Godzilla is back!
And this time the film is 100% Matthew Broderick free!
I'm referring, of course, to the widely disparaged 2000 reboot of Godzilla that I thought wasn't really quite so horrible. This movie is the new, new Godzilla, and it hardly sucked at all.
The film begins a decade prior in the Phillipines, where scientists (including barely used Ken Watanabe as Dr. Serizawa) have discovered a pair of cocoons filled with -- well, no one is sure. One of the creatures is apparently dead, and the other promptly awakens and burrows directly towards a Japanese nuclear power plant.
The power plant is run by Joe Brody (Cranston) whose wife works at the power plant as well. Well, when the M.U.T.O. (Massive Underground Terrestrial Organism) attacks, no one knows what's happening -- they all think it's an earthquake. Brody's wife is trapped by a radiation door and in the film's lone moment of real emotional power, it Joe who must seal her off.
Fast forward ten years and Joe Brody is a broken man. He and his son were successfully evacuated, but he's conflicted over the death of his wife, and the fact that he was blamed for the reactor's meltdown. The town surrounding the reactor is now similar to Chernobyl -- a restricted ghost town. His son Ford (Aaron Taylor-Johnson -- you know, the kid from Kick Ass) has grown up, become an explosive ordnance disposal technician (foreshadow much?), and has a son of his own.
He wants nothing to do with his wacko father, who can't let go fo the past. Cranston lays it on thick, crying, "They evacuated us so quickly, I couldn't even take a picture of her." In his conspiro-theorist quest "to find out the truth" he enlists his son to help him break back into their former home to find his old data, which will validate his theory that it wasn't an earthquake that destroyed the reactor.
Cranston gets his answers from Watanabe and promptly dies and leaves the film. You can almost hear him snapping his check as he exits the movie! I would not be surprised if this film was heavily edited to feature more of Watanabe for the Asian markets, and Cranston was substituted to win over more American audiences. Don't get me wrong: Cranston could sneeze and win an Oscar, but his appearance in the film felt tacked on to me.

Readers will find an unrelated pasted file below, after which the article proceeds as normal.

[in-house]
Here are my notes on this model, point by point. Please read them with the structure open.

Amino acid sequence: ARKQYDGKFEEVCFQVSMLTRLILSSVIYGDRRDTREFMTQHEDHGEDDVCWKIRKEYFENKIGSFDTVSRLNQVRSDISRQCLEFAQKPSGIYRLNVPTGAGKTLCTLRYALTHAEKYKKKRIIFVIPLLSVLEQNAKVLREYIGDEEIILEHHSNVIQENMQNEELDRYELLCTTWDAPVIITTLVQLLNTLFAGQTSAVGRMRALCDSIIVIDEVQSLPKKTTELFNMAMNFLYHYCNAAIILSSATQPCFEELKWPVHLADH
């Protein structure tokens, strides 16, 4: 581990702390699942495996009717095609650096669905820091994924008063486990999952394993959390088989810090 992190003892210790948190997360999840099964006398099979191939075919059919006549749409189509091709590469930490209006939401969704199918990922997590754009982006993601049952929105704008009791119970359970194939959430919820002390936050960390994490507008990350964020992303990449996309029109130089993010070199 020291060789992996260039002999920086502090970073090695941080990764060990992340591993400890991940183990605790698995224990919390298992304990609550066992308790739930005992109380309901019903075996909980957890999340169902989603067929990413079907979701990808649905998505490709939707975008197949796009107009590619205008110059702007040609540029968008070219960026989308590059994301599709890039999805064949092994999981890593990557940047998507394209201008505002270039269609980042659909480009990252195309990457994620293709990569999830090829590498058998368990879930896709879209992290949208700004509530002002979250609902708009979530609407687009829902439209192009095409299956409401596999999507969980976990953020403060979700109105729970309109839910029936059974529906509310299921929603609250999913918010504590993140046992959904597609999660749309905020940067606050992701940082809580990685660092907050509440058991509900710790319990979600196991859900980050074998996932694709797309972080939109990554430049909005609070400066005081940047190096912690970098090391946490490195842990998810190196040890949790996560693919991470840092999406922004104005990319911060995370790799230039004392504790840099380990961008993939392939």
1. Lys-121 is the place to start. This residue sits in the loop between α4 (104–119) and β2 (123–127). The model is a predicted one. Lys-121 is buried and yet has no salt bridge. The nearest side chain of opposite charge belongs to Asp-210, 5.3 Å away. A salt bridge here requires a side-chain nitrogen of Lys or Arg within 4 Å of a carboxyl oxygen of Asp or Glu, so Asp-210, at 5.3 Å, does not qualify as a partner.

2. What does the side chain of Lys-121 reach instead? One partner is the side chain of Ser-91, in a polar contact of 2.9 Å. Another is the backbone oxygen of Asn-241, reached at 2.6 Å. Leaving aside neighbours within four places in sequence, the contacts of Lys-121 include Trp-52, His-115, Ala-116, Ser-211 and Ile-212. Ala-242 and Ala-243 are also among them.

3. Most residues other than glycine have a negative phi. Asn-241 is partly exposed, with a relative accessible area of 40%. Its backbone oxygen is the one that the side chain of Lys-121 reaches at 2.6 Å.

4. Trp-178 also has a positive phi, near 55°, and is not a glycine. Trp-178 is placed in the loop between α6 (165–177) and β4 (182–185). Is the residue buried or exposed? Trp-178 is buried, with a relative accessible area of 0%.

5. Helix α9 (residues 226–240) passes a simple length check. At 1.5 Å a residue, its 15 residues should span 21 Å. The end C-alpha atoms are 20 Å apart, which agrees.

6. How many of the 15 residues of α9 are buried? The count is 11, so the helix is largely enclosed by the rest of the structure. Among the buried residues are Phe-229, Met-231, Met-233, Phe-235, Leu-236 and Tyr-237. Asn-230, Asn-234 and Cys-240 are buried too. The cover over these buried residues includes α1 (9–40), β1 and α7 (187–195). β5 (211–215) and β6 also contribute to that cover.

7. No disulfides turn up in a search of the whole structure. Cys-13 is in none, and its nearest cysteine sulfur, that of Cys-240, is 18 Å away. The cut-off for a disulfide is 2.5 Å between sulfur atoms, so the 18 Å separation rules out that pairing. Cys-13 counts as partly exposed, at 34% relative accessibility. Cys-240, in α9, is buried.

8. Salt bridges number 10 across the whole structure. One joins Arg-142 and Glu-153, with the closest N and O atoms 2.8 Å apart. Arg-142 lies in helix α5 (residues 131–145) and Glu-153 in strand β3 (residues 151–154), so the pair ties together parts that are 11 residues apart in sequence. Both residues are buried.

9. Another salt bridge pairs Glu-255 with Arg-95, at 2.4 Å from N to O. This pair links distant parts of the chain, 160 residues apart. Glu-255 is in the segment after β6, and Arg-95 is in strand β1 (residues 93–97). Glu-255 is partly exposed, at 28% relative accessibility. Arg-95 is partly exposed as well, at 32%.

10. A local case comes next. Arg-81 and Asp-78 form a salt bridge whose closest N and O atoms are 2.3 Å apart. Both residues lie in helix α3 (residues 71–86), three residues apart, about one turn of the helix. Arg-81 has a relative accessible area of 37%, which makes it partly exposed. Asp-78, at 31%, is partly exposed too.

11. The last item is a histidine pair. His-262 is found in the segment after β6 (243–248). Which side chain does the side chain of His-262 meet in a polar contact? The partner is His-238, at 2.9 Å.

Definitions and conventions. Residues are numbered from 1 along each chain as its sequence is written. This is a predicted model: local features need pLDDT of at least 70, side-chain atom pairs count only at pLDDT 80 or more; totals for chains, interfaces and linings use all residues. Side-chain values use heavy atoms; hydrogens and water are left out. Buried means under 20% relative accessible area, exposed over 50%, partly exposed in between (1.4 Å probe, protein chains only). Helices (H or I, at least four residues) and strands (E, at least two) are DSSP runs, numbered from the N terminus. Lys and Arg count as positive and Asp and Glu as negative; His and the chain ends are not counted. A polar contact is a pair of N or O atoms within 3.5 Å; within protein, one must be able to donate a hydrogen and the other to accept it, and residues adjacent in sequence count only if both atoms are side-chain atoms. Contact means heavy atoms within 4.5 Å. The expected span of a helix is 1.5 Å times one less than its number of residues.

Ford (the son) discovers that the MUTO is a throwback to a more heavily radioactive prehistoric time, and when the creature's eggcase finally opens, the MUTO calls out to its mate, and then the kaiju big battel fun really begins! The MUTO's mating call awakens Heavy G (more on that issue later) which confuses everyone except Watanabe's sage scientist -- who realizes that Godzilla preys on the MUTOs.
Except, the dead MUTO that was found a decade ago, that was vivisected and then tucked away at Yucca Mountain (the American nuclear waste disposal facility) has regenerated, and is headed towards the other MUTO, in order to have glorious MUTO intercourse. The MUTOs resemble weird, alien insects and can emit a micro-EMP pulse, so conventional weaponry doesn't harm them. Planes fall out of the sky as their electronics fail, etc., etc.
Chrysler, Ford -- whatever his name is, he gets separated from his family and basically just follows the disaster wherever it occurs, saving people along the way, and then finally becoming a part of the team that has decided a nuclear bomb ought to put the mega-fauna to bed.
Watanabe's character takes a surprisingly Zen approach to the mayhem, advising that humans just let Godzilla handle the beasties -- let Nature take it's course. Of course, the bomb malfunctions, everyone decides it needs to be disarmed and Ford HALO drops into San Francisco to disarm the bomb that was going to save everyone.
It's all actually sort of confusing.
Bottom Line: Godzilla looks good here -- not like the phoned-in 80's versions that looked almost comical -- more like the 90's versions that looked realistic. Asian audiences actually complained that Godzilla's hindquarters were unnecessarily ... fat, looking? And in the final scene when Godzilla has vanquished the MUTO's and lumbers back to the sea, there's a shot of him from behind, and ... he filled the screen, is all I can say.
Godzilla: "Does this city make my butt look big?"
The overall action was good, most of it was confined to the human/disaster level. There's only about 10-12 minutes of actual monster battle time in the whole film, but those minutes are well-executed. Godzilla himself is rarely shown entirely at once -- you see spines, the outline of his head, etc. We see Godzilla, also, in ways that have never been done in the past -- his swimming scenes stood out the most. Seeing him from above, while underwater, was pretty cool. In past Godzilla films, Godzilla basically just dog paddles across the oceans, or walks on the bottom of the sea, who knows! Here, we see him swimming as an iguana does, and it looks great.
Overall, this was a good introduction to the franchise for people who are new to Godzilla, and I have a good feeling that we'll see a sequel. The plot device of a nuclear weapon was poorly explained -- would inherently radioactive beats benefit from a nuclear explosion? Would it kill them? Who can say, no one in the film ever explained it. Basically, things happened in this movie, and those things (happening) led inexorably to giant monsters fighting one another.
How is that different in any way from any other Godzilla movie? No Matthew Broderick.